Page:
Blame It on the Large Hadron Collider Day
annually on September 10th (since 2008)
Blame It on the Large Hadron Collider Day was created in 2008 to shift blame for losing things from the people who actually lost them, to the Large Hadron Collider. "The Large Hadron Collider probably has your car keys, your missing socks, and your rent money, perhaps sucked into a black hole," one source notes. The day takes place on the anniversary of the date that the Large Hadron Collider was first fired up in 2008.
The Large Hadron Collider (LHC) is the world's biggest and most powerful particle accelerator. Located just outside of Geneva, Switzerland, on the border with France, it was built by the European Organization for Nuclear Research (CERN). The idea for it was conceived in 1984, and the final go-ahead for its construction was given a decade later; it took $5 billion just to get it up and running. It operates as such: protons come from a tank of helium gas and are accelerated almost to the speed of light while being directed in two beams down a circular track. The track is nearly 18 miles long and is between 165 to 575 feet below ground. A great amount of energy is released when the protons collide together. One of the goals of the LHC was to test the Big Bang Theory, by creating the conditions of the beginning of the universe according to the theory. In 2012, the LHC was used to find the Higgs boson particle.
So why would the LHC be given blame? Perhaps it is because of its size—there is a lot of room for things to get lost in a machine that is 18 miles in circumference. Or perhaps blame is given because the LHC had issues just nine days after it was first used. Magnets overheated and melted and caused an explosion of helium gas. The LHC was fixed and upgraded but did not begin running again until 2009. Beginning in 2010, it had to run at half capacity to help prevent another accident from happening.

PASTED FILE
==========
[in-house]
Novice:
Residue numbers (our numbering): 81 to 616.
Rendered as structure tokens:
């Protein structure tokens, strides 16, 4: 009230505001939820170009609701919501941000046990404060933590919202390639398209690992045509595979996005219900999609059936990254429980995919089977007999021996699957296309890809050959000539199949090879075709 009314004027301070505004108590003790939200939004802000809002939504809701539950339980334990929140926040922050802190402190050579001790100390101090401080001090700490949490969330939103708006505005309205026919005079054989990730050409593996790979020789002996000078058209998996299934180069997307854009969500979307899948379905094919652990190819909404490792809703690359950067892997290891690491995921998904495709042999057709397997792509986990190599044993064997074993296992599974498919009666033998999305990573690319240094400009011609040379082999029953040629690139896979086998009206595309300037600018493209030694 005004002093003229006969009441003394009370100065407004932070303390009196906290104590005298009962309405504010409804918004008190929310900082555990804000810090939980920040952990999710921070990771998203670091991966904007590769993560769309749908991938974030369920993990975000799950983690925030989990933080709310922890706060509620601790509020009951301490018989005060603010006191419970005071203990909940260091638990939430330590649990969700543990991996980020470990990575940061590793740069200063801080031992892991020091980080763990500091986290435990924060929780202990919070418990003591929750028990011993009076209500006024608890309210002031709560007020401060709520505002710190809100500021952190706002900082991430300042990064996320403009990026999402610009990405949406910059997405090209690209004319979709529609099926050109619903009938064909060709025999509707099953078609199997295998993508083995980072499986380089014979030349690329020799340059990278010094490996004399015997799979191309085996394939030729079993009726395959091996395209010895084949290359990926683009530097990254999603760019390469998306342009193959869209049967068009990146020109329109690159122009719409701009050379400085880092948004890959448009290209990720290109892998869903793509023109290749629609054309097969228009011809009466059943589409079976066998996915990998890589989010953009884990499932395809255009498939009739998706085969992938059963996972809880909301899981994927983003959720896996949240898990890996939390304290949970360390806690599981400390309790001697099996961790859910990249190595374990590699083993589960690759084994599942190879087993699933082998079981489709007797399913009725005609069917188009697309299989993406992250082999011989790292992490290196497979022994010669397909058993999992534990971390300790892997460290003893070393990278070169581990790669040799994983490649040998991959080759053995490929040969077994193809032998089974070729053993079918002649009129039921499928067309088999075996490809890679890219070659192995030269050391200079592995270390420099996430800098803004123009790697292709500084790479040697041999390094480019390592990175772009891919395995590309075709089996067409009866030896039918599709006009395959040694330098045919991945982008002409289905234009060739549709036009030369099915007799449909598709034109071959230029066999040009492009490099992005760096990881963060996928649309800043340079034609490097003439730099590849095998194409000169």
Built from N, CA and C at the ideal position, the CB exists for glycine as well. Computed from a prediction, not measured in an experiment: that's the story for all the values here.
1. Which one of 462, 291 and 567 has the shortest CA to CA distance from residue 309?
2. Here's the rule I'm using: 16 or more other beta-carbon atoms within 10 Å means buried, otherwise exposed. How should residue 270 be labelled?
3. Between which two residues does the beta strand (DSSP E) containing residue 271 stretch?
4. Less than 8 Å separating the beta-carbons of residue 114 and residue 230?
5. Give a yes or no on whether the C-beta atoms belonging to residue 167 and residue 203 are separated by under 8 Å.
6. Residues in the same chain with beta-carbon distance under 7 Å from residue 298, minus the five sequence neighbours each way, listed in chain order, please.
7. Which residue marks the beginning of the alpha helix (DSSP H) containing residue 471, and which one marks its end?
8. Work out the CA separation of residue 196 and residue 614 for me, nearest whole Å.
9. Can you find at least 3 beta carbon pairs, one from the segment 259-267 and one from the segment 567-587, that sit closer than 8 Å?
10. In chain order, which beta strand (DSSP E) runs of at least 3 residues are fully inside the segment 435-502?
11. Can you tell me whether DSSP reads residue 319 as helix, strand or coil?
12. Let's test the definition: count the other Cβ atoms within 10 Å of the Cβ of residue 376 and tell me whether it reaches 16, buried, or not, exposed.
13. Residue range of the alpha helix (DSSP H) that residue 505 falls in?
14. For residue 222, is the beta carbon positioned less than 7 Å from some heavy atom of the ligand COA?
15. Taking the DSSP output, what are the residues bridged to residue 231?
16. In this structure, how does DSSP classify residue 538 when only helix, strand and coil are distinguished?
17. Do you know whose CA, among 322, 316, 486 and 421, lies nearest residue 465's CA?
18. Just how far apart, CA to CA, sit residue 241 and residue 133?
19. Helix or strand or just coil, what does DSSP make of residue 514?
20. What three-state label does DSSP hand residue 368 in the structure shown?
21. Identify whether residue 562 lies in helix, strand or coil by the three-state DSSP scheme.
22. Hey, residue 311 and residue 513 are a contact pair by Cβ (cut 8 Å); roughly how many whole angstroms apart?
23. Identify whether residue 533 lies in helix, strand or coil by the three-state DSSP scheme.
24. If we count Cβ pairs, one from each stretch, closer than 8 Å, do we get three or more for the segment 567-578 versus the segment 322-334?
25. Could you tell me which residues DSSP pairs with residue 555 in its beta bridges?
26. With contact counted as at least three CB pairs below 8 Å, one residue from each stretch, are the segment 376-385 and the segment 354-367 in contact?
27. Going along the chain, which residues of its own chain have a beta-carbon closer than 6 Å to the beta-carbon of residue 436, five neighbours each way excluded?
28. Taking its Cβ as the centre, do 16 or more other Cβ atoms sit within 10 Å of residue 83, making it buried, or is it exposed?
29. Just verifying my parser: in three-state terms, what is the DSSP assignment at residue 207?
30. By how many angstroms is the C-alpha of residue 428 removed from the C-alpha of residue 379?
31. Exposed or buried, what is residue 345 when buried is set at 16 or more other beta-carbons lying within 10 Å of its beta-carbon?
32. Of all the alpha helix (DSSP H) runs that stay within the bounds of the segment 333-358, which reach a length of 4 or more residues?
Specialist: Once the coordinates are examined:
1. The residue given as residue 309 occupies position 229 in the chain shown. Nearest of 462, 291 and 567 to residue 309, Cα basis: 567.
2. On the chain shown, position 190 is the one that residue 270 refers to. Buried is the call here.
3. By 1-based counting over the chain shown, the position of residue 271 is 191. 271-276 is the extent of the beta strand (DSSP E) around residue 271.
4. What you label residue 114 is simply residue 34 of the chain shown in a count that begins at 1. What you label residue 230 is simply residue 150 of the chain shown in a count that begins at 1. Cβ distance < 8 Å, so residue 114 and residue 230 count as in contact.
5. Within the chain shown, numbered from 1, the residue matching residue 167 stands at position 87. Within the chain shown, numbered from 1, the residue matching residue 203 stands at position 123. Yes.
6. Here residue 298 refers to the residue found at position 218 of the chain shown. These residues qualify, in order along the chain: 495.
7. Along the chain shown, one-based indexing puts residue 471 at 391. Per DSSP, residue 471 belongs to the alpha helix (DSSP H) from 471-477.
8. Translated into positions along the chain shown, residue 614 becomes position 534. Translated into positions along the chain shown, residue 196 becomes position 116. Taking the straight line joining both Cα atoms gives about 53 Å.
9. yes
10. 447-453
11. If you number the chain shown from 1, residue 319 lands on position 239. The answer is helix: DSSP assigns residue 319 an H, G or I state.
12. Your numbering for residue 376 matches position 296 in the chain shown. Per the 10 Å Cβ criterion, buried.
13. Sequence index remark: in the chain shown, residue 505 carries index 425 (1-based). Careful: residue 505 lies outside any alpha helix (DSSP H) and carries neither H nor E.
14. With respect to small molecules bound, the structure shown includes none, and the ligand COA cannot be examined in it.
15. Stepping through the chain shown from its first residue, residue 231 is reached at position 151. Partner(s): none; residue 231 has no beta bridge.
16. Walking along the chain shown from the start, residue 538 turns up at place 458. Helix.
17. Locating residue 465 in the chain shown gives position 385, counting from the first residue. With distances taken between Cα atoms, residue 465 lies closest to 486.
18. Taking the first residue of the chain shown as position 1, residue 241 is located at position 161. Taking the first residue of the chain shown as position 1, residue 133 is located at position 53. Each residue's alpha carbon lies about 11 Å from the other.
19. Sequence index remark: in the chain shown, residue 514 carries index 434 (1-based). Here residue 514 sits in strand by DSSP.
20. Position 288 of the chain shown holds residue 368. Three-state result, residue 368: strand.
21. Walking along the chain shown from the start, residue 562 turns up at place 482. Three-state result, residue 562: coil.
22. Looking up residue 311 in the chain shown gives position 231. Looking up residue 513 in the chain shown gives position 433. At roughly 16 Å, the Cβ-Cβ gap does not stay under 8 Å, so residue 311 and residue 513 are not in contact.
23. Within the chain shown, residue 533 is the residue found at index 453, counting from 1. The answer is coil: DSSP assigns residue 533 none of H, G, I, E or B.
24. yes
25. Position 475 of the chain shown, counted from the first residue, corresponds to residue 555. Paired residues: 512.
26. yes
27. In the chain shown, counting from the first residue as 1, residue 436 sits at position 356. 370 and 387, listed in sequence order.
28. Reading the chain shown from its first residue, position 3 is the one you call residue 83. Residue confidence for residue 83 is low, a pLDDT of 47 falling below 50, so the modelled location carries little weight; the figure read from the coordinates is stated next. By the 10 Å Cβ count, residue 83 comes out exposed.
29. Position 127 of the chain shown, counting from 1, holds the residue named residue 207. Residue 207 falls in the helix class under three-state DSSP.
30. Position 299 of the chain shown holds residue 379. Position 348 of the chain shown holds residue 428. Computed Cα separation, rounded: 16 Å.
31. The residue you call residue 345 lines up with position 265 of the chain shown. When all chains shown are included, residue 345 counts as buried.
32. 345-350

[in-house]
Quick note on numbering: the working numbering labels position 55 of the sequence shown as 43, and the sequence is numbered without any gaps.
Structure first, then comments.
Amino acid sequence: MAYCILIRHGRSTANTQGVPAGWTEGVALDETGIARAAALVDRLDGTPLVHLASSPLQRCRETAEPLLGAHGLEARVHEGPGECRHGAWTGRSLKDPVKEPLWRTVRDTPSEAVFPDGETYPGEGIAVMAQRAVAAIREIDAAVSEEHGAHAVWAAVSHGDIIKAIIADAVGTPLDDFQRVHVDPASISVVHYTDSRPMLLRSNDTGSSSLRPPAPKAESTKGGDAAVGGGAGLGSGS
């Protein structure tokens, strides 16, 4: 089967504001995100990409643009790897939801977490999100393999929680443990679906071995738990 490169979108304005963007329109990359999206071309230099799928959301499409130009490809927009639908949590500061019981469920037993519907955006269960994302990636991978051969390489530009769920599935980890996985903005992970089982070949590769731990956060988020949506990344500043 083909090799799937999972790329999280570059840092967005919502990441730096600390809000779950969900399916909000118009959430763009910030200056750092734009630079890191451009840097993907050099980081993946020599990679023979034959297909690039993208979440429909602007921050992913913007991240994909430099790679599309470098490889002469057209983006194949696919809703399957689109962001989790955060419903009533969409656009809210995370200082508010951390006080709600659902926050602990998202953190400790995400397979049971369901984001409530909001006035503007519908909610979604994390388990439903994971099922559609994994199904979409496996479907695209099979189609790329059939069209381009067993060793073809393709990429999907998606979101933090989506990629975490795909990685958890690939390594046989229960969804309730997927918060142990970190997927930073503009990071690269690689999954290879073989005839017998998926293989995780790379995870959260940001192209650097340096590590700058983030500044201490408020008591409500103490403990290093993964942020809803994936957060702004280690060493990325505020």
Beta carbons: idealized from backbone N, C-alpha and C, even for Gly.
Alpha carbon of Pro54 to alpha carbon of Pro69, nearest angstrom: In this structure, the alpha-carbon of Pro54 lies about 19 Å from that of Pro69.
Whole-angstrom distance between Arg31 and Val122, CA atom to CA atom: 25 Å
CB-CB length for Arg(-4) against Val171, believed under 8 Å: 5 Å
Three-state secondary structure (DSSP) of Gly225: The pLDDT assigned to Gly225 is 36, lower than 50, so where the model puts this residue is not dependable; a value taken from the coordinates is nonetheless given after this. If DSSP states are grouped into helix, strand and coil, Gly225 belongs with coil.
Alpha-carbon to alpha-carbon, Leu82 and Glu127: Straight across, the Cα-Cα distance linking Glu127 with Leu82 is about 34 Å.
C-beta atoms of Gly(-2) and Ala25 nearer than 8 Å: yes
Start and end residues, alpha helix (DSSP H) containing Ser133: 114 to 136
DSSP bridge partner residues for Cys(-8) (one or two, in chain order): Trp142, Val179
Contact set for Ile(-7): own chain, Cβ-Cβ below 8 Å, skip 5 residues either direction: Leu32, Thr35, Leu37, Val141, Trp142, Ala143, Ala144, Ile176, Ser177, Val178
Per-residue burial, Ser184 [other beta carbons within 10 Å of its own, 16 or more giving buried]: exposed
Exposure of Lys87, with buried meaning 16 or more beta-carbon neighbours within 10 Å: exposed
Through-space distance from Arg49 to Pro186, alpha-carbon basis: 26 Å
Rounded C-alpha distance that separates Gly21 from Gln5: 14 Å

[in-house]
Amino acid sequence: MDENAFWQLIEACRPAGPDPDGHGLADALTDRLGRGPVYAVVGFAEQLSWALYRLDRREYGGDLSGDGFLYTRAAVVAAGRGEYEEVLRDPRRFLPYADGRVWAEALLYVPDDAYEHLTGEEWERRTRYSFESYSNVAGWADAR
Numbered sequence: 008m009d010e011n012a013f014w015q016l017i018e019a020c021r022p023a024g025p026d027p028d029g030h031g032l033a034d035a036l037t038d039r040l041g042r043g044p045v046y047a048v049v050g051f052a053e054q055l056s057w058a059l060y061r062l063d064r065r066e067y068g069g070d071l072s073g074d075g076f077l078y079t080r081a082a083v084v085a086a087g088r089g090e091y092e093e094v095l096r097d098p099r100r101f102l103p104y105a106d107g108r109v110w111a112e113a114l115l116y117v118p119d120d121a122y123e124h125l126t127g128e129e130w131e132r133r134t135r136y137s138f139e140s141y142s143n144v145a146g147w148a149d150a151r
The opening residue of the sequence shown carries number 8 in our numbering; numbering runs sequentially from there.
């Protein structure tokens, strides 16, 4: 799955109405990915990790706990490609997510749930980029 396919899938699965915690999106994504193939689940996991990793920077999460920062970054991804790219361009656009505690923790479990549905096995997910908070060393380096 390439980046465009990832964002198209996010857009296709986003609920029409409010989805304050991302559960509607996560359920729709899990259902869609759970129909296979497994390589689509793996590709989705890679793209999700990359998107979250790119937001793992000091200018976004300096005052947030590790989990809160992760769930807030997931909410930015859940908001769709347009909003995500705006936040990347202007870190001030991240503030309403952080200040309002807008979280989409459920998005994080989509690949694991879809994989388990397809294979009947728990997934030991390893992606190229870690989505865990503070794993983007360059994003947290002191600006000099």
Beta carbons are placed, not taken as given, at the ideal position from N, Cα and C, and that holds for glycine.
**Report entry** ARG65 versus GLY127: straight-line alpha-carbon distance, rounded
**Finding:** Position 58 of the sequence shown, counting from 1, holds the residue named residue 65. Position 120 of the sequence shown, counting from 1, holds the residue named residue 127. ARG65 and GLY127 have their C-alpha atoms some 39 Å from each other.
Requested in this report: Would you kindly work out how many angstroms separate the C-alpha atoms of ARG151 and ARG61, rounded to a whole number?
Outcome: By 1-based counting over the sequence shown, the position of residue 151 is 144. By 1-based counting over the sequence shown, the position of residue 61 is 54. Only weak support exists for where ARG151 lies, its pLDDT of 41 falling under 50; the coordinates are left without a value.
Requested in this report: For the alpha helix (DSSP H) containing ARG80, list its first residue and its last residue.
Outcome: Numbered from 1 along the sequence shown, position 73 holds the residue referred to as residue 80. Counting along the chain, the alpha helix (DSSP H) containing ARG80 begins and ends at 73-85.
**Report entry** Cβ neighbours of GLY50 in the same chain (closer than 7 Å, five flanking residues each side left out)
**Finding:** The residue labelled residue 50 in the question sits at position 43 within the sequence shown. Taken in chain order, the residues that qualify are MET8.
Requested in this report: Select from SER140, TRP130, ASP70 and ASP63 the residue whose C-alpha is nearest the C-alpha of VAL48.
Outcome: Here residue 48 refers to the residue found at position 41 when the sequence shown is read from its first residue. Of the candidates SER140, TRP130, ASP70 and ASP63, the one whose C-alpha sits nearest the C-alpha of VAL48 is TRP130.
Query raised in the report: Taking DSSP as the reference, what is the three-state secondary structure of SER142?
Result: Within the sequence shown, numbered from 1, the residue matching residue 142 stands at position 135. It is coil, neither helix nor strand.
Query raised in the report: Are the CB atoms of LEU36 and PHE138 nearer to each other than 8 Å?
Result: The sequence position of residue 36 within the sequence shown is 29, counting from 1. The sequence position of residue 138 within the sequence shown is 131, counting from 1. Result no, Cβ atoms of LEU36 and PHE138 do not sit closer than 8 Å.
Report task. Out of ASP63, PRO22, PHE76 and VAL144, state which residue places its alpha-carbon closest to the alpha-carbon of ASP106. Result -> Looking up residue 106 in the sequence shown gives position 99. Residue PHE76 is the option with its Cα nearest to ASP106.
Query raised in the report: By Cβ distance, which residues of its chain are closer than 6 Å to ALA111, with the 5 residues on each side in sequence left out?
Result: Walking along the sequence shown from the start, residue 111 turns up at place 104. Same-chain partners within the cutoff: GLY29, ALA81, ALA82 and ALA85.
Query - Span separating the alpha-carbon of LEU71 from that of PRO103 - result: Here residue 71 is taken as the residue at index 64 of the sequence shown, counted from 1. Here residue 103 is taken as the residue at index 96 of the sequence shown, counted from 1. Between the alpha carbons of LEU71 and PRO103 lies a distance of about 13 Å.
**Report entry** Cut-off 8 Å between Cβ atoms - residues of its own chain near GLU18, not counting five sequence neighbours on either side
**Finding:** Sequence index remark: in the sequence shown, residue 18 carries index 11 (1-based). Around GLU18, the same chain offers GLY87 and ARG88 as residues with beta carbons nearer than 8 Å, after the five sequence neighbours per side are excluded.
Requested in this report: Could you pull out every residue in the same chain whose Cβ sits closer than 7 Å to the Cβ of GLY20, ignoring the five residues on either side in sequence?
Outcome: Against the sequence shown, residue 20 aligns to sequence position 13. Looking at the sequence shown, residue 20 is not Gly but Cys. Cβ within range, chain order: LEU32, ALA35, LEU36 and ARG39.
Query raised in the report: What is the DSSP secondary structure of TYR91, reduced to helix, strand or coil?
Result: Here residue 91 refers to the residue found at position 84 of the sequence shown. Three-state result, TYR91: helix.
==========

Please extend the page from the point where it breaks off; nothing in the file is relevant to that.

How to Observe Blame It on the Large Hadron Collider Day
Spend the day blaming the Large Hadron Collider whenever something goes wrong, particularly if you can't find one of your items. It's likely your item was stolen by the LHC and is now inside of it, or a black hole it created. In order to get your item back, perhaps you could visit the LHC, at the CERN headquarters in Switzerland. There are other ways the day could be celebrated as well. You could listen to "Large Hadron Rap," which was written by CERN employee Katherine McAlpine. You could also watch the episode of World's Toughest Fixes titled "Atom Smasher," which deals with the repair of the Large Hadron Collider in 2008; watch a 2012 horror film called Decay, which takes place at the Large Hadron Collider; or watch the documentary Particle Fever, which is about the scientists at CERN.